But according to Rountree, he does not expect the reduction, which may lead to more capital outflow from emerging markets, to cause problems in the global stock market.
“I don’t see problems here because if money is being pumped in that rate, and emerging markets rise, then money is pumped in at a slower rate, why should the emerging markets fall?” he said, noting that despite encouraging data, the US recovery is still not strong and interest rates will likely remain low.
“At the end of the day, the money is still going to be in the system,” he said.
He also said that the “Fragile 5” of Indonesia, India, Brazil, Turkey and South Africa were called such because of solid fundamental reasons not necessarily linked to the bond buying reduction.
These markets are also among those with low buffers or foreign exchange currency protection.
“These currencies came under pressure for very clear fundamental reasons, and the trigger was the tapering,” he said.
The Philippine peso, on the other hand, is the most protected in terms of foreign exchange, which is why Rountree said he disagrees with the idea that interest rates in the country should increase.
“[Bangko Sentral ng Pilipinas Governor Amando Tetangco] said Philippine interest rates may have to rise to offset any pressure on the peso. I sat there and said, ‘What?’ Because the country with the highest protection in the world is the Philippines. What is this guy talking about? He don’t need to, if he does, it’s a domestic decision. The Philippines is under not any fundamental pressure,” said Rountree.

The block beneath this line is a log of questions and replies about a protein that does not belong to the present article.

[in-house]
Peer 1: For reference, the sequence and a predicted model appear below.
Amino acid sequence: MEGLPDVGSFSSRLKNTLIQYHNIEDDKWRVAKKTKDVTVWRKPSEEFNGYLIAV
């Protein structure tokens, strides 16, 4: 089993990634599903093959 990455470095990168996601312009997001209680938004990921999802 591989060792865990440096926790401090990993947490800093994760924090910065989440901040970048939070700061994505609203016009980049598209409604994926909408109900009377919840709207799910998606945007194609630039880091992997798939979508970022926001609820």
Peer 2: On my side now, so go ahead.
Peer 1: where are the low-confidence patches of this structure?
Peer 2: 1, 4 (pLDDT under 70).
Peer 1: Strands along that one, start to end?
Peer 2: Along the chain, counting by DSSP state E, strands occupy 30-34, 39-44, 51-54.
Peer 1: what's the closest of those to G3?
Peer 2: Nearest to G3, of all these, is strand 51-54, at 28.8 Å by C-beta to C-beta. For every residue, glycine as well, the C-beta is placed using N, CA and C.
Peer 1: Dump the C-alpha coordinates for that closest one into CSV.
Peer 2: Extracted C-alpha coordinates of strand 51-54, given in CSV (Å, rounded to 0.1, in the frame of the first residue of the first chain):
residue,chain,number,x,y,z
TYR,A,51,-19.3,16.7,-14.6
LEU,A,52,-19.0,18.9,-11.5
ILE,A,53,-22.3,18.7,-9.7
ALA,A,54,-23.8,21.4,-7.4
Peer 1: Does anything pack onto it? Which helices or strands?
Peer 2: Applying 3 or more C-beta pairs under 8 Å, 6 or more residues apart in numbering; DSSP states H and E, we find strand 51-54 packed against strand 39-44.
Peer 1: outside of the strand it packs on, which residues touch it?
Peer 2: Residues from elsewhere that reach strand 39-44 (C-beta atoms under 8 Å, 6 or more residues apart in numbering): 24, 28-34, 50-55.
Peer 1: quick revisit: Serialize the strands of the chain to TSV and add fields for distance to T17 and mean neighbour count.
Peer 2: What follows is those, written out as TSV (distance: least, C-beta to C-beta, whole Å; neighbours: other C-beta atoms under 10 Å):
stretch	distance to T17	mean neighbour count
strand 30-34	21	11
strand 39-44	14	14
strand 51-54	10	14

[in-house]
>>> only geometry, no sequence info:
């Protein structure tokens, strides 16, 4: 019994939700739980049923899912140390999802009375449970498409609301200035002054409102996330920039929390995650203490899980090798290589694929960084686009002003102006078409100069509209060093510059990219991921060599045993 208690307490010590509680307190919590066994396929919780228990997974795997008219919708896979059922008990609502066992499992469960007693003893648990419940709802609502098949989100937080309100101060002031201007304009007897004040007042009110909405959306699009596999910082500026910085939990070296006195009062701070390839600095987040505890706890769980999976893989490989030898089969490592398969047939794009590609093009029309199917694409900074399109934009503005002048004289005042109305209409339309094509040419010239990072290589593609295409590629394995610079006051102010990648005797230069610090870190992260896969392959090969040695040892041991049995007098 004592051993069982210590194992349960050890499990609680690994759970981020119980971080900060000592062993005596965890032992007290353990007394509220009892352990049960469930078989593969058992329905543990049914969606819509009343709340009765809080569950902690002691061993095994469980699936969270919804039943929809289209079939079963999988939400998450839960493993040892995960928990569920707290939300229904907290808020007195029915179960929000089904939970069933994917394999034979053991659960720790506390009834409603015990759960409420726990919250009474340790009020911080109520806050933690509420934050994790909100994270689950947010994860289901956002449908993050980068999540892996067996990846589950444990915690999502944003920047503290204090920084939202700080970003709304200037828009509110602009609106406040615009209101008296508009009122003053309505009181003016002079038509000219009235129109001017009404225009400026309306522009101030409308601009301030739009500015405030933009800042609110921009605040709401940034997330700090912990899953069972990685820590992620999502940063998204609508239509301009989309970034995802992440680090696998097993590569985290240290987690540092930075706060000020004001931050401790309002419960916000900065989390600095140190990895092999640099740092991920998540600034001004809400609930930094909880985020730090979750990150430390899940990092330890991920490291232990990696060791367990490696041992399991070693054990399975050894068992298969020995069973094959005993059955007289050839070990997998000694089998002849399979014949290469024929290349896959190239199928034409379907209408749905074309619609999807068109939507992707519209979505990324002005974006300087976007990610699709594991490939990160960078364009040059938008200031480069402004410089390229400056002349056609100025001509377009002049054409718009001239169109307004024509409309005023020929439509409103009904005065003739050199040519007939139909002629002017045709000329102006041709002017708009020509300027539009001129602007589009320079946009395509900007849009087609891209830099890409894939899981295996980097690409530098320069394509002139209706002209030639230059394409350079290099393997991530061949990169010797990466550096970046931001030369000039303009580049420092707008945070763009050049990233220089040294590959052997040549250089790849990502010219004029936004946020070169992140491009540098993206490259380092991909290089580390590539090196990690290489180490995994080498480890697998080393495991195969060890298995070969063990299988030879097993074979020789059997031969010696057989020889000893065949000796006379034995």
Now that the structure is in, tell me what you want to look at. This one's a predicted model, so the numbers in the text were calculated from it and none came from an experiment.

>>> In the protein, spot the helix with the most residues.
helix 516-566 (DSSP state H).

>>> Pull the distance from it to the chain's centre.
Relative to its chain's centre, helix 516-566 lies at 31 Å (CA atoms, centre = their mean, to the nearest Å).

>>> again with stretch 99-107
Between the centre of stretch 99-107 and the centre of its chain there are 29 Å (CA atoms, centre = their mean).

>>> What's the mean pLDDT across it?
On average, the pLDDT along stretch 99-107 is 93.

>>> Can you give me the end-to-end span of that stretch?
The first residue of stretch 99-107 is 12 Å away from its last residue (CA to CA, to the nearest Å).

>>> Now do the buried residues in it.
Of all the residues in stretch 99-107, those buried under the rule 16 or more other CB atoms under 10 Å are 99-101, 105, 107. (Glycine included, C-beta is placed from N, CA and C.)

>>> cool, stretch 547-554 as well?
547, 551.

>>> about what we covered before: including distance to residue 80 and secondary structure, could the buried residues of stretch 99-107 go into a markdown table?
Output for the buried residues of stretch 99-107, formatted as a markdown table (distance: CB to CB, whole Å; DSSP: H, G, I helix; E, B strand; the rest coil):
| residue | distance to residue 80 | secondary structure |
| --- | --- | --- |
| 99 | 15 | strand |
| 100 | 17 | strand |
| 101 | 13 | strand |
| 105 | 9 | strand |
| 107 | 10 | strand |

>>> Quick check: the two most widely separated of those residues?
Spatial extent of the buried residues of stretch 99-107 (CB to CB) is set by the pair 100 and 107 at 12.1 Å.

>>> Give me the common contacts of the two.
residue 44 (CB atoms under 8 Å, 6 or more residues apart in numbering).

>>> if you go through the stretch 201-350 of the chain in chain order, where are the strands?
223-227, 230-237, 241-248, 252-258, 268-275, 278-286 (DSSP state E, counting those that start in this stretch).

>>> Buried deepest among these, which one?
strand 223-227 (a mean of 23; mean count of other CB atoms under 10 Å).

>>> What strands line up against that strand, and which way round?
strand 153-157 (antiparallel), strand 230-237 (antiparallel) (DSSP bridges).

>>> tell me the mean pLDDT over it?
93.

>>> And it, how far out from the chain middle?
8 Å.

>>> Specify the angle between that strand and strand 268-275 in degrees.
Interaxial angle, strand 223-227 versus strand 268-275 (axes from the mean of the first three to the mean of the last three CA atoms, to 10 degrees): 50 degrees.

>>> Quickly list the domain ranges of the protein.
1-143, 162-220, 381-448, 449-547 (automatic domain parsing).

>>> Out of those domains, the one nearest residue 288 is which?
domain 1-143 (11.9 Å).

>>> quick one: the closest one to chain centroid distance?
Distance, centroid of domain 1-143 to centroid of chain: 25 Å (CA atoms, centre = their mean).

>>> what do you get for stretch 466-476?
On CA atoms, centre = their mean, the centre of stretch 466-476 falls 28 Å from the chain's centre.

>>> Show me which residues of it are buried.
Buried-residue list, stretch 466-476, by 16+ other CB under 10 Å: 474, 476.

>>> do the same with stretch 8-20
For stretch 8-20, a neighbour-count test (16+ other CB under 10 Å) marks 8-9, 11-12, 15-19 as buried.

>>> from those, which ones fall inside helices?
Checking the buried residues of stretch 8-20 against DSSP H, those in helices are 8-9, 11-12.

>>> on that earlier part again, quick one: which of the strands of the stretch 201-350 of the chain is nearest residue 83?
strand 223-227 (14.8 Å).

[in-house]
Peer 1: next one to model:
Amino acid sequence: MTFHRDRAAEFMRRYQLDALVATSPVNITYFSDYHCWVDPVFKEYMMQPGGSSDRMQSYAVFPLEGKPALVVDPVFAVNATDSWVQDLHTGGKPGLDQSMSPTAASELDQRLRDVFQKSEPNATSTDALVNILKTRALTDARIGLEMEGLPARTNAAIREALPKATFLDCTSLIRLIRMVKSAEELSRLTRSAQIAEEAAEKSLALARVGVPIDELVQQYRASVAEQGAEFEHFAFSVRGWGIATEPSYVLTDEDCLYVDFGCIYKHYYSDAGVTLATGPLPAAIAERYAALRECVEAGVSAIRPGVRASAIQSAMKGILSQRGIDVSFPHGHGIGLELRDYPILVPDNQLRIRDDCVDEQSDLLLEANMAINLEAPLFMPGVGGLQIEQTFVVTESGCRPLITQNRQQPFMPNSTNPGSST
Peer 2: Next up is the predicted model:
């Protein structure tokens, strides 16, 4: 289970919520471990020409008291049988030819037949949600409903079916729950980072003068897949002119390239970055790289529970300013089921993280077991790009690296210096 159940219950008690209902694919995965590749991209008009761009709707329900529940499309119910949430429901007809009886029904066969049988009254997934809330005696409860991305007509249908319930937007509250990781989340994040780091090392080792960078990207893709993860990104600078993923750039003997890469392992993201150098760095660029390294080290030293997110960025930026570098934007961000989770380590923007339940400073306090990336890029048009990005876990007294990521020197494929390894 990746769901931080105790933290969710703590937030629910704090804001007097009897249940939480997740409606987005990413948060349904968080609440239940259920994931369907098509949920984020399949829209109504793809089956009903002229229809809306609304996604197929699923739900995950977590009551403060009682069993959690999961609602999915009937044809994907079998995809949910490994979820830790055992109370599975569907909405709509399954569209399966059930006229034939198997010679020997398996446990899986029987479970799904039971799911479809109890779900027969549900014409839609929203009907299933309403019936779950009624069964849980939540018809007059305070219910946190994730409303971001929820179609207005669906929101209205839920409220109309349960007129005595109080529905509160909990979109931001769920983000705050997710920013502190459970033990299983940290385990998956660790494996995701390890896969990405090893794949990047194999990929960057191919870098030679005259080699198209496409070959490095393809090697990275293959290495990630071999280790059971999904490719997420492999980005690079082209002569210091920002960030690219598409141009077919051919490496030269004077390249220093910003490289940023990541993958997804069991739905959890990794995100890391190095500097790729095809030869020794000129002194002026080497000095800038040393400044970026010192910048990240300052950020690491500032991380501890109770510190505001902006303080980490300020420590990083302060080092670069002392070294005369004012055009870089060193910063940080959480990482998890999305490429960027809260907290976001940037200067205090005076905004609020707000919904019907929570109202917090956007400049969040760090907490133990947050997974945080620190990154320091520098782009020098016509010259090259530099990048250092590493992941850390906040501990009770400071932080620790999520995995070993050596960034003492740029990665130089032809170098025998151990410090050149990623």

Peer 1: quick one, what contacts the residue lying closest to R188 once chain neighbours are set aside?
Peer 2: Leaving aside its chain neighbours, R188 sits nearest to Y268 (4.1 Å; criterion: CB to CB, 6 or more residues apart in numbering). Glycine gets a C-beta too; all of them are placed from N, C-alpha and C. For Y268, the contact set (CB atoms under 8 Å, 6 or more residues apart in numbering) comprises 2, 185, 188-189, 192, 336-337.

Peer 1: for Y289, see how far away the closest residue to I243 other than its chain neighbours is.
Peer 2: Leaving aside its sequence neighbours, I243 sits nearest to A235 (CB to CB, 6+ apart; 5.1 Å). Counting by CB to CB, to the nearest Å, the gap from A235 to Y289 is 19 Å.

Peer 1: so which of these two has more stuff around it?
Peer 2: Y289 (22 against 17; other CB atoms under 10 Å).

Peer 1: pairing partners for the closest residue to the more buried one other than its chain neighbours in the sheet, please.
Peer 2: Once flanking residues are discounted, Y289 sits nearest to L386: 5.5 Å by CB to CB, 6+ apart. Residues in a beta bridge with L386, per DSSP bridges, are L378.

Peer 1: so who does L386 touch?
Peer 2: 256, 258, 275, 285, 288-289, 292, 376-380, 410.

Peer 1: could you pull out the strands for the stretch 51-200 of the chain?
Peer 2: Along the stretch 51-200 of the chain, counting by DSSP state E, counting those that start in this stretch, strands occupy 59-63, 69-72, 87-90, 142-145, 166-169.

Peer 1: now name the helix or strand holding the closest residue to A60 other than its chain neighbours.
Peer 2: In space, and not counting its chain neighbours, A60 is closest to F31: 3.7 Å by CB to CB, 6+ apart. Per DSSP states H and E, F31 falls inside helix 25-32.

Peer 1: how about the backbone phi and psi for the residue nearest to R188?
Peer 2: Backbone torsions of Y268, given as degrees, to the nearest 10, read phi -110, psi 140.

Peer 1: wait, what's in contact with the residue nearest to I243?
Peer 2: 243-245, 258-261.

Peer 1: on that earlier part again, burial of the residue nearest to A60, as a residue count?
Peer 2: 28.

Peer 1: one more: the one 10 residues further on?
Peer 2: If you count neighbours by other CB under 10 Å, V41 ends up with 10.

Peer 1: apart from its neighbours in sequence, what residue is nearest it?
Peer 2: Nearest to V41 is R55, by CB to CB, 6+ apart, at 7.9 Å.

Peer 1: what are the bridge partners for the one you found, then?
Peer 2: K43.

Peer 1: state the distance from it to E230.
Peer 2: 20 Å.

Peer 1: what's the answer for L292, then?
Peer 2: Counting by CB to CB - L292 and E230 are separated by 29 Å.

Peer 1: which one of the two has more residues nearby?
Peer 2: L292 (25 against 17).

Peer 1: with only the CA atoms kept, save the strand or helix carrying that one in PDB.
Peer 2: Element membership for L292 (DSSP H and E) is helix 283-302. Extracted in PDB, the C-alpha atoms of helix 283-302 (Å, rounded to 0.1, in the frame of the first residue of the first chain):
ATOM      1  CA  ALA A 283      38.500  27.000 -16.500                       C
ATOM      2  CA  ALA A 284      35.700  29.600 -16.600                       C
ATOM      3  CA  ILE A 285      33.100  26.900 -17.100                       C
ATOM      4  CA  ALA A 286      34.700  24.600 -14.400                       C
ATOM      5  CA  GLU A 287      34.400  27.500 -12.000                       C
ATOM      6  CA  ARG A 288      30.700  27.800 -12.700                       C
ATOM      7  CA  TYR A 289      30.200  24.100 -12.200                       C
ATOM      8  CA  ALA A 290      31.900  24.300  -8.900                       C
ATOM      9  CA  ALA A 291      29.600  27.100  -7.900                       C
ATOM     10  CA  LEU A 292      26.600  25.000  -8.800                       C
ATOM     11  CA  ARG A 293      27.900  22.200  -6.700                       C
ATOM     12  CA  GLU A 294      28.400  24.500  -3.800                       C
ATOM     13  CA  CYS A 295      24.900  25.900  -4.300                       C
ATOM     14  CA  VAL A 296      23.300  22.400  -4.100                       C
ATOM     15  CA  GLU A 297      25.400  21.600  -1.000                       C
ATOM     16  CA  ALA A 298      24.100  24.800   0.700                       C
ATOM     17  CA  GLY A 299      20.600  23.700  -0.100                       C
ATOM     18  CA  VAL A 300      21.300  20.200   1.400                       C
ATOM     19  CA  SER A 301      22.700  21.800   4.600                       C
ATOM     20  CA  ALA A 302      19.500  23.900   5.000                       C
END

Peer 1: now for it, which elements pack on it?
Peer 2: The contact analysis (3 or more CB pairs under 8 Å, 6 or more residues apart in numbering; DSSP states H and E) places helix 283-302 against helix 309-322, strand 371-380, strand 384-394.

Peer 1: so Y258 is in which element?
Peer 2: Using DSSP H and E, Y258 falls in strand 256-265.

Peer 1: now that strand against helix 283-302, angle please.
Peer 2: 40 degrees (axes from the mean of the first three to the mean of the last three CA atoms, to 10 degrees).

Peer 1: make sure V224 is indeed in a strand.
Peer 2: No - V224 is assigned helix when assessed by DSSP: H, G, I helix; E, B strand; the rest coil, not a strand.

Stock picks in the Philippines
Irmak Surenkok, client portfolio manager at Eastspring, said that because valuations across global emerging markets are “cheap,” it provides investment opportunities for investors over the long term.
In the Philippines, Eastspring is investing in equity stocks of First Gen Corp., Filinvest Corp., and Metro Pacific Investments Corp. under the PruLink Global Emerging Markets (GEM) Dynamic Fund, which was launched on April 4.
Surenkok said Eastspring invested in shares of Lopez-led power generation firm First Gen because of a “mispricing” caused by natural calamities in 2013.
“We believe the stock was oversold because investors were scared to invest on the values and plunged into other stocks that gave them more comfort. We took advantage of this and recognized that the valuation was cheap and so we invested in First Gen Corp.,” she said.